Road salt and sand are a godsend in the middle of a harsh winter, when highway and public works crews drop tons of the stuff, melting snow and providing traction on Maine roads.
By summertime, however, the salt-and-sand mixture doesn’t look so good. Spring rain washes most of it away from the roads and into lakes, rivers, streams and ground wells. Over time, that harms aquatic life and water quality, threatening some of Maine’s greatest natural resources.
That’s why communities need to reconsider how they keep roads clear in the winter. Safety should remain the first priority, but there are new materials, and new ways for evaluating winter road maintenance, that can minimize the environmental damage caused every winter.
Maine communities, which have been slow to move away from the traditional sand-and-salt application, need to implement these new methods, which have been successful elsewhere at cutting the amount of salt and sand that finds its way into watersheds while lowering costs and keeping roads safe.
First, communities should cut back on the amount of sand used each winter. Drivers like to the see the dark brown lines of sand over snow during a storm, but research suggests that after a few vehicles pass over it, sand may be more of an imagined safety blanket than an effective way to provide traction.
In fact, the federal Environmental Protection Agency suggests using sand only for low-speed intersections, hills and curves. In Maine, the Department of Transportation has cut its usage of sand from about 500,000 tons a year in the 1990s to about 60,000 last year, with no impact on safety.
The state was able to make that reduction at least in part because of its increased use of salt brine to coat roads before a storm hits.
Salt brine — road salt and water, sometimes mixed with a nontoxic additive such as Ice B’Gone — lowers the freezing temperature of the snow as the snow falls. This method, along with “pre-wetting,” or applying the brine to rock salt during a storm, keeps more of the chemical on the road, cutting back on wasted material and requiring less salt overall.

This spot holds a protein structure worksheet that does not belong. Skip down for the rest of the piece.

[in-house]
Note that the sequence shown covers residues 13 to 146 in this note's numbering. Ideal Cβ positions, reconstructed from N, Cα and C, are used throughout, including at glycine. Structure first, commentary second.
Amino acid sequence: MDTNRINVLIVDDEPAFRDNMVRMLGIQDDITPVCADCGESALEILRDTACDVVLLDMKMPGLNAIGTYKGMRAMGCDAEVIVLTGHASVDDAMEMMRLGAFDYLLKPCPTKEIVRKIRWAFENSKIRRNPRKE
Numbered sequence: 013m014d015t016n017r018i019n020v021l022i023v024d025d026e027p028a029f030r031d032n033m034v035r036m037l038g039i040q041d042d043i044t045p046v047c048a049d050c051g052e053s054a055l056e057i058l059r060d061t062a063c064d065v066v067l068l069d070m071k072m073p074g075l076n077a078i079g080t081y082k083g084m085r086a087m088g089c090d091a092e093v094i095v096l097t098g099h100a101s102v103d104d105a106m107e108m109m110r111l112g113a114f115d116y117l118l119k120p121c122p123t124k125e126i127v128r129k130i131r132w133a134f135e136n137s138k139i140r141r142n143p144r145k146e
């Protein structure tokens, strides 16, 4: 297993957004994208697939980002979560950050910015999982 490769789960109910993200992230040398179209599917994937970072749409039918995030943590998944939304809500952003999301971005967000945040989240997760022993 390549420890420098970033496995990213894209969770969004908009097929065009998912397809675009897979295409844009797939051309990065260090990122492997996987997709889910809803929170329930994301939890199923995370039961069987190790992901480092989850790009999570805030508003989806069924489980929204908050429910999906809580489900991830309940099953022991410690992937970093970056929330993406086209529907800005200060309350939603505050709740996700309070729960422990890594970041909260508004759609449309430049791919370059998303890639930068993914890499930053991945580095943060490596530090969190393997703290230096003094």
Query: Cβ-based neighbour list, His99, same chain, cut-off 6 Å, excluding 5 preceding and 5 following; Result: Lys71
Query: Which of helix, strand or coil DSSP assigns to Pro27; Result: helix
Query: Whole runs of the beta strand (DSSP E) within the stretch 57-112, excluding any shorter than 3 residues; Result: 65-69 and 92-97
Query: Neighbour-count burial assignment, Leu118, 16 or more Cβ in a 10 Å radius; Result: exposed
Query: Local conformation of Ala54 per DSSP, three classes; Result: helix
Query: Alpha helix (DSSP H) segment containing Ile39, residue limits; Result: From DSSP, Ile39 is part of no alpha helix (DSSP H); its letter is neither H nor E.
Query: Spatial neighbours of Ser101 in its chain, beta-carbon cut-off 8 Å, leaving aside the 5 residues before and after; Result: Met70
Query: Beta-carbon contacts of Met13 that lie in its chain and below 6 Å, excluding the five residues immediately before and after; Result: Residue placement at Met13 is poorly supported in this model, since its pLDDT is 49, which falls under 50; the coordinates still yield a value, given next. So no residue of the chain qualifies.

WHERE IT WORKS
Some municipalities are doing the same. Pownal, in northern Cumberland County, has cut in half the amount of salt it uses each storm since switching to a salt solution in 2003.
Lessons also can be learned from other states. In Minnesota, where a study found that around 70 percent of the 350,000 tons of road salt used every year in the Twin Cities area stayed in the local watershed, the state transportation department utilizes a widespread brine program, as well as plow-based technology that gauges road conditions and dispenses the optimum amount of material, cutting back on waste.
By switching to brine, road maintenance efforts in the Burlington, Vt., area went from using more than 16,000 tons of salt and 9,180 cubic yards of sand in 2000-01 to about 11,000 tons of salt and barely any sand during a similar winter 10 years later.
There is some concern that stickier salt brine is more corrosive to vehicles than regular road salt, although the evidence thus far is inconclusive. It seems more likely that the presence of far less salt on roadways will benefit vehicles, and that corrosion can be avoided with a little extra care for the car’s undercarriage.
It is unreasonable to think all Maine municipalities, and the road crews they contract with, can adopt all these new methods in a few years’ time.
But communities, particularly those near valuable bodies of water, need to examine how and where they use salt and sand.
Towns and cities that have done the same thing the same way for decades no doubt will find that there are places they can change and cut back, for the benefit of the community’s lakes and streams as well as its coffers.